Between the labs, visitors will repeatedly find themselves on the terraces of the open atrium, where they can experience the campus in all its spectacular diversity. In line with the principles of collaboration and communication that underpin the German Pavilion concept, many of the exhibits here will only function if several people work together to operate them.
The visitor journey ends in the Graduation Hall with a surprising grand finale — a show on swinging seats. Aided by the intelligent IAMU system, visitors from all over the world will come to realise that there is much more that unites them than divides them. They will see that if they join forces — by swinging back and forth together, for example — they can achieve much more than they think. An unexpected end to the journey and one that will stir visitors’ emotions and give them a sense of hope.
As they make their way through Campus Germany, visitors will have numerous opportunities to engage with the exhibition by sharing their thoughts and opinions on questions such as, ‘Do you believe that you have ever experienced the effects of climate change?’ This will result in a detailed picture of their opinions, which, added to other information, will be integrated into the installations and the overall visitor experience. Visitors will come away with unexpected new perspectives on their ideas and attitudes.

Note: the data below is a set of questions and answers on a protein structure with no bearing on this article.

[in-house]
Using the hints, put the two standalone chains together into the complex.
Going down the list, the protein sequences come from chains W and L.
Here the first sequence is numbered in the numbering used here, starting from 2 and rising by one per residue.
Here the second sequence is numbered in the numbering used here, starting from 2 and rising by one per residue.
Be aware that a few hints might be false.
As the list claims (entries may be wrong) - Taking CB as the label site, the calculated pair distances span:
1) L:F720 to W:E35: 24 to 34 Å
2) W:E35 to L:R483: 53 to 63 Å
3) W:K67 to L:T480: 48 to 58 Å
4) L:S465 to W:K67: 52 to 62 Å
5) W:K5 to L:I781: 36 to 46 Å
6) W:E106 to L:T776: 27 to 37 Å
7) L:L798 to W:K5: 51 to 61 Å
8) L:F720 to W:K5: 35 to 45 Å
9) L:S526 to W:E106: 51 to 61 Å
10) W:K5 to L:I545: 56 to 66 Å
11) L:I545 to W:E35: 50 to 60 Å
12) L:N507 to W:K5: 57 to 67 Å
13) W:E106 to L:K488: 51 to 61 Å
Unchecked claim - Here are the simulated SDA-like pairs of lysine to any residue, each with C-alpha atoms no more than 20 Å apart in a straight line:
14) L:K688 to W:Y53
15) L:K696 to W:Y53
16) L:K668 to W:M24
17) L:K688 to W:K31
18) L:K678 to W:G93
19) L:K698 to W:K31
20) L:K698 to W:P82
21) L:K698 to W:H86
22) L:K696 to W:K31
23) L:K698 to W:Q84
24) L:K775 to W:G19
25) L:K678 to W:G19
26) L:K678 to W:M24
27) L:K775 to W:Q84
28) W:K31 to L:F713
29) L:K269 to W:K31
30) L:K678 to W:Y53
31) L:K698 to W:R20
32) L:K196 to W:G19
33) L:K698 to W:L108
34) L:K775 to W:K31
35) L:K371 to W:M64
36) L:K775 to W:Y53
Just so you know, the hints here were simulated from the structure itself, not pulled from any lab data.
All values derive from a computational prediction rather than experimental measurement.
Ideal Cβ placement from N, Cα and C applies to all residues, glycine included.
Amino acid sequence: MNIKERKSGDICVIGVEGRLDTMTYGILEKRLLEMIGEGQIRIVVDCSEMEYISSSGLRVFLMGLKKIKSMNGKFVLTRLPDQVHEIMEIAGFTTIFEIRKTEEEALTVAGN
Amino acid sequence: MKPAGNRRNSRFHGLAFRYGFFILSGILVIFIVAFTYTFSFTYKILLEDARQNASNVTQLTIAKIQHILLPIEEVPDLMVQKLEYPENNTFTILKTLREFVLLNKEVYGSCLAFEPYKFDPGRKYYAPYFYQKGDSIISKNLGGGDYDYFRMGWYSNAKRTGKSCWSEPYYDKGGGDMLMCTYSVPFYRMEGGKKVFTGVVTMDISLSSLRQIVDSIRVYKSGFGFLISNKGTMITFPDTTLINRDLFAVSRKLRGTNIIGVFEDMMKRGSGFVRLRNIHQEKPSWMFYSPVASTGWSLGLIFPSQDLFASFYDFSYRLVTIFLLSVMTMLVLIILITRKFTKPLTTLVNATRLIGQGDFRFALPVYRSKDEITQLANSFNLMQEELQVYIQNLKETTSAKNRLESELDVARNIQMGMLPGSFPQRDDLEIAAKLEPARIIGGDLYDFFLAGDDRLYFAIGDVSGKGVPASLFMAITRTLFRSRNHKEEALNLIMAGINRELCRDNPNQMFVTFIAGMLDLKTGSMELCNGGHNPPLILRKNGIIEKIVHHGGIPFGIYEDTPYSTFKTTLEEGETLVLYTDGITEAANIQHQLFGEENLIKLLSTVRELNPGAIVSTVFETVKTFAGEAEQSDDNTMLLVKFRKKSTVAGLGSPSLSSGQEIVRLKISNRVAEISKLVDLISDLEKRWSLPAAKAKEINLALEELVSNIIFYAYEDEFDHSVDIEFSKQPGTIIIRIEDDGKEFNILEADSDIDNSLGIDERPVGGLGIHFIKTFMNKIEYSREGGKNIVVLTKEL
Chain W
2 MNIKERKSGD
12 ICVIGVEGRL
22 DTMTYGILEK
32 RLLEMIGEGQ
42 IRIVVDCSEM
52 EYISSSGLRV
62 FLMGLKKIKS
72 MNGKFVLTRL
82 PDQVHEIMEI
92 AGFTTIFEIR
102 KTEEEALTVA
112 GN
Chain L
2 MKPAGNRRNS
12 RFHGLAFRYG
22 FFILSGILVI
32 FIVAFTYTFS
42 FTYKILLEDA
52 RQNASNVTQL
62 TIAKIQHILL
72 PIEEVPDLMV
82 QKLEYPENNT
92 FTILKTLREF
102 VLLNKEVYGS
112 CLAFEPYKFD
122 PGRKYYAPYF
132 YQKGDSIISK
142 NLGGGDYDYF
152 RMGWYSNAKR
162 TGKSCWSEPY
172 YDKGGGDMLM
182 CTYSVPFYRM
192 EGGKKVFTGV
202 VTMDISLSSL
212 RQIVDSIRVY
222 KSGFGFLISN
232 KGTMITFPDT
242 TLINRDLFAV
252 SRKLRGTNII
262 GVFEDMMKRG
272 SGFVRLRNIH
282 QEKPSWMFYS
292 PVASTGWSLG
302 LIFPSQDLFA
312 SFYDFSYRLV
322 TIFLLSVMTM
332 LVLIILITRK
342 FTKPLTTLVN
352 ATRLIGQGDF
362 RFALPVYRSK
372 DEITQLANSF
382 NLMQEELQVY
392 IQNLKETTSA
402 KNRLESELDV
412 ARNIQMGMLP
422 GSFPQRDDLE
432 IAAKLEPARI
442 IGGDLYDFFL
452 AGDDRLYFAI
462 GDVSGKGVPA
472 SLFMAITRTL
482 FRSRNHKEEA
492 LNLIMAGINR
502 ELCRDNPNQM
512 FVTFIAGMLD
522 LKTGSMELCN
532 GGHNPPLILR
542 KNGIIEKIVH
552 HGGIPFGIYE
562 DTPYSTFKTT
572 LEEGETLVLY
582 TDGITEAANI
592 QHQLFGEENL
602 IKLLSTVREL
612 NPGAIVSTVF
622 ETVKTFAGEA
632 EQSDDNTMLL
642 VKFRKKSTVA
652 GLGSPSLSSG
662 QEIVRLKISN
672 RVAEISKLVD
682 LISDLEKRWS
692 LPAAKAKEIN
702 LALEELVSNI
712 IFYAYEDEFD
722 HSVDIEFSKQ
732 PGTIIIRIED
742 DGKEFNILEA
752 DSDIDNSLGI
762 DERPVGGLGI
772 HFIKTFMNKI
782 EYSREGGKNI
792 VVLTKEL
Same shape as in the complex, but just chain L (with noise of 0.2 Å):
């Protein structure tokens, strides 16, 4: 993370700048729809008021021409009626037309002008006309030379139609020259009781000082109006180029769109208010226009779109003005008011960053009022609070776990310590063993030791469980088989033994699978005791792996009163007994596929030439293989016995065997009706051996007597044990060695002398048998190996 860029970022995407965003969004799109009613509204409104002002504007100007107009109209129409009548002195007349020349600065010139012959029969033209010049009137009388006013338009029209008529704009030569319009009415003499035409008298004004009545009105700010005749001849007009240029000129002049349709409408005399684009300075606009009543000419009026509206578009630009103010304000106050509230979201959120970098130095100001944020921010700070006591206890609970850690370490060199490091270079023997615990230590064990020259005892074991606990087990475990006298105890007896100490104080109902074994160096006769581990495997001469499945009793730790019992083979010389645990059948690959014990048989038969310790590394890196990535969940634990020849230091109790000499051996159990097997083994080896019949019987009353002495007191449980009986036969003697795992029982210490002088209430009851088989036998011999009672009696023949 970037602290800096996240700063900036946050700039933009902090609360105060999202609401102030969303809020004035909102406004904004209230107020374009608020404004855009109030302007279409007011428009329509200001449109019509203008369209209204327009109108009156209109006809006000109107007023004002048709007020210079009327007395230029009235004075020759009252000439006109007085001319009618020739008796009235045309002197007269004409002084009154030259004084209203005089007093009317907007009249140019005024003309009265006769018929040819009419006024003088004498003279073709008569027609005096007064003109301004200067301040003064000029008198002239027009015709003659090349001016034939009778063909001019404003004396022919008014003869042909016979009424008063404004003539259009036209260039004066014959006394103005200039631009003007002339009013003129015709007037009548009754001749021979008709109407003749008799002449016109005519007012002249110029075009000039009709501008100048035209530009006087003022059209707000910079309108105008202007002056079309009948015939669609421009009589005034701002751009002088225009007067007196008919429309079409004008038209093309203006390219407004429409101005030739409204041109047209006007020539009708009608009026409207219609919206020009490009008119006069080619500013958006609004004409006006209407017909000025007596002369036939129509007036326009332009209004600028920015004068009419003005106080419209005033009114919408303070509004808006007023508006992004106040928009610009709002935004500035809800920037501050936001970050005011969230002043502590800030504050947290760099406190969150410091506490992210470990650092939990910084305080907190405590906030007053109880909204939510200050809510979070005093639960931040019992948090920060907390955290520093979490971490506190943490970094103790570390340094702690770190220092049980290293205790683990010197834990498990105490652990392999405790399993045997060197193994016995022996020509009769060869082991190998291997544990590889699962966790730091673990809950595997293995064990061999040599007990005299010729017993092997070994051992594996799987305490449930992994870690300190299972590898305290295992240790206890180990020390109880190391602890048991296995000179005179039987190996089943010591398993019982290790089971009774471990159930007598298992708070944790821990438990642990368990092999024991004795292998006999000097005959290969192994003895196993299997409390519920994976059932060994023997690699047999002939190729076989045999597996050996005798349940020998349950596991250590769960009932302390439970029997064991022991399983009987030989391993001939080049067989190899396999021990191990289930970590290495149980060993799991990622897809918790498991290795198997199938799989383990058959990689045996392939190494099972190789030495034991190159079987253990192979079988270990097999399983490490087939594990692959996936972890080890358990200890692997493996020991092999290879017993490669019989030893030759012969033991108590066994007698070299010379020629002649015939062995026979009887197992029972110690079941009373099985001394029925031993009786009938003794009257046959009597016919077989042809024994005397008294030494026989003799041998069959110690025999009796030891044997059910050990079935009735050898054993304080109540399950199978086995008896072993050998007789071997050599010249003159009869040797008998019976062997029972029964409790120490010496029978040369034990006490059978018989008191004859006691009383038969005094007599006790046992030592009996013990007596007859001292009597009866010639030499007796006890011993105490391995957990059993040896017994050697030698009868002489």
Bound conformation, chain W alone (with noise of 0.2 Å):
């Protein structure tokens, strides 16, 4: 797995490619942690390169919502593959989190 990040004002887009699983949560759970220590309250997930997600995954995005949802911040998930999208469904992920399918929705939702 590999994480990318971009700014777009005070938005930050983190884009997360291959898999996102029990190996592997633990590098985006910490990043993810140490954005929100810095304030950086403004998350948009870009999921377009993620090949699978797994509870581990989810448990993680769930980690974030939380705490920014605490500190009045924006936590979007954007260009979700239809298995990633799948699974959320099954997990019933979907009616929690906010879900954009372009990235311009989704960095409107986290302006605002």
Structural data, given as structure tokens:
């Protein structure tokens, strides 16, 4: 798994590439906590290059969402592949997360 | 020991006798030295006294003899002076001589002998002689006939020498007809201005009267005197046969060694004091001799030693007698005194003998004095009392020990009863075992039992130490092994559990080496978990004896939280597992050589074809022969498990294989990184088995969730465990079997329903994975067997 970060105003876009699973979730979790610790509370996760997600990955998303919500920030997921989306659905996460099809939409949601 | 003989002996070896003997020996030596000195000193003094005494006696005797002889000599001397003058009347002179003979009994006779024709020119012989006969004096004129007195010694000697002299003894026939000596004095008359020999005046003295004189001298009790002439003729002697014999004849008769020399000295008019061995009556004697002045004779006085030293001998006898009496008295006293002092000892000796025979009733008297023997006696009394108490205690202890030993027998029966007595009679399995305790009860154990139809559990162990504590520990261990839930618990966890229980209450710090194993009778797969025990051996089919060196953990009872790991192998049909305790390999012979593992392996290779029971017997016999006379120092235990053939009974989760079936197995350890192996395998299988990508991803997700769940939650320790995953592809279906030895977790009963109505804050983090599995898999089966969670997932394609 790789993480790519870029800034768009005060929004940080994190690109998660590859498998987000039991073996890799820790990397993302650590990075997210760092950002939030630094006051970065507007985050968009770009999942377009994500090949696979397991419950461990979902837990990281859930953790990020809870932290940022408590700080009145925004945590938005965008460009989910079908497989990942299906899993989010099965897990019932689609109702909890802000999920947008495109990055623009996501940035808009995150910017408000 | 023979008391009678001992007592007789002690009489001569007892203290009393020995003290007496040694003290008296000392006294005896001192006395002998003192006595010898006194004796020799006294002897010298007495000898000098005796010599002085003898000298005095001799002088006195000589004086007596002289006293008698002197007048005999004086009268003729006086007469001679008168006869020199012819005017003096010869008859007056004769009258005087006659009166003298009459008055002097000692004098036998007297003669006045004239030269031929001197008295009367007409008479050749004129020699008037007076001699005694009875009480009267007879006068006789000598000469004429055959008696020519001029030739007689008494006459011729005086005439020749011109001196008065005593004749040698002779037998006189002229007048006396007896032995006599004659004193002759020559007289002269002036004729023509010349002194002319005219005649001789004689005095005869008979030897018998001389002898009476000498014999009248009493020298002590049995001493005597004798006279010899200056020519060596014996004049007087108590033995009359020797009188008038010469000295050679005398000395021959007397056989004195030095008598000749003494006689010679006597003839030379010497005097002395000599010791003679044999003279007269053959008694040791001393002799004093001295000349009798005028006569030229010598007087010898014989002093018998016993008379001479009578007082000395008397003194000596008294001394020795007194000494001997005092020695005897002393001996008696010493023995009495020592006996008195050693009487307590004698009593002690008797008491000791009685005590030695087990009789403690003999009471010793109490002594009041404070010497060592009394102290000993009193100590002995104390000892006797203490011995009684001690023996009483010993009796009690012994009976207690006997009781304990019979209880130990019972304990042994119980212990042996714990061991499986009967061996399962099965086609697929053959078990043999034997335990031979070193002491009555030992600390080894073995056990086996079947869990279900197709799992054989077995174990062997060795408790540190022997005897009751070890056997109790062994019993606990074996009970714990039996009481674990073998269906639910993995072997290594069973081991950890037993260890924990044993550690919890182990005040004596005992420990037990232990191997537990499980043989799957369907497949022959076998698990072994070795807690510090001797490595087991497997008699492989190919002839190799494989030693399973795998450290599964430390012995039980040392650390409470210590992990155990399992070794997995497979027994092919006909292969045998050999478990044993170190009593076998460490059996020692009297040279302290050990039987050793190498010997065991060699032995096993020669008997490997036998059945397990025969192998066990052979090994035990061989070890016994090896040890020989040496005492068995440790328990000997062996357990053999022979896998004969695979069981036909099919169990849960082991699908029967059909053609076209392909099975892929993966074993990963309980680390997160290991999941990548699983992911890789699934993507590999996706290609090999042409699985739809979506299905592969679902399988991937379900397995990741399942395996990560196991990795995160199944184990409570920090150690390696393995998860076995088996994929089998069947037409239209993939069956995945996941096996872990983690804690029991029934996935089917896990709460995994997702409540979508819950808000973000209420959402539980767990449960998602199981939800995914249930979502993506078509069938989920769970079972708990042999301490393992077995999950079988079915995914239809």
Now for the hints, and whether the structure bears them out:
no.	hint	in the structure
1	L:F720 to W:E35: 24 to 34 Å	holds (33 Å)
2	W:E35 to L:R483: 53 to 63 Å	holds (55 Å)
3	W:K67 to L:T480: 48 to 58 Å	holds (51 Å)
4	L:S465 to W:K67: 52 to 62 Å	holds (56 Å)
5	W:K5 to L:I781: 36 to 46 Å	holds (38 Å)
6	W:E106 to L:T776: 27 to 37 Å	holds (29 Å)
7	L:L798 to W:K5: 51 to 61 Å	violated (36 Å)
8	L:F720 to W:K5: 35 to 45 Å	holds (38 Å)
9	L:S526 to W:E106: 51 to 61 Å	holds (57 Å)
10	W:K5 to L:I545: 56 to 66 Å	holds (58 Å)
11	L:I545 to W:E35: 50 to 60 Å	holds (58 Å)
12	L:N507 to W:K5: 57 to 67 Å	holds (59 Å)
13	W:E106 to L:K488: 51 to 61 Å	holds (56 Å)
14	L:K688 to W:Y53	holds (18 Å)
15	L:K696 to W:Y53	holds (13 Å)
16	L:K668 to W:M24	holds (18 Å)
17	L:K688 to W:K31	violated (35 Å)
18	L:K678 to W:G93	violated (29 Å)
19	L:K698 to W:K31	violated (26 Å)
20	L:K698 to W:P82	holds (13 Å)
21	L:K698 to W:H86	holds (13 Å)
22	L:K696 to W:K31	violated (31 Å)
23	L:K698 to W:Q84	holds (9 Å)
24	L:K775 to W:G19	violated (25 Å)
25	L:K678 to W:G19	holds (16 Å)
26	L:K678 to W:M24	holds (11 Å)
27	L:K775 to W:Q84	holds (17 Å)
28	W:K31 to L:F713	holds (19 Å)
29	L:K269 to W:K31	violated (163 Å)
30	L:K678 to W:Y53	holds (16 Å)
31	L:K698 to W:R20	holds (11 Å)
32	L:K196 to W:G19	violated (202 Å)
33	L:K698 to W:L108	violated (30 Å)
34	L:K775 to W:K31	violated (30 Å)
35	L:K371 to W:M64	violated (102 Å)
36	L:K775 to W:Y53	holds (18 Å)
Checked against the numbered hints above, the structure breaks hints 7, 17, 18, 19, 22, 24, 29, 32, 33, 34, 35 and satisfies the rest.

The intelligent pavilion will also be full of entertaining “magical moments”, created, for example, by complex exhibits responding to visitors simply moving around — a place full of things that will have even the tech-loving audience in Dubai wondering.
The end product will be a smart space that responds to visitors and their interests. People are used to their smartphones offering them customised experiences but this exhibition will use the same intelligence and turn it into an invisible part of the space. Visitors will thus enjoy an individualised experience, tailored to their specific requirements, but without having to use their smartphones.
Courtesy: German Pavilion Press Office.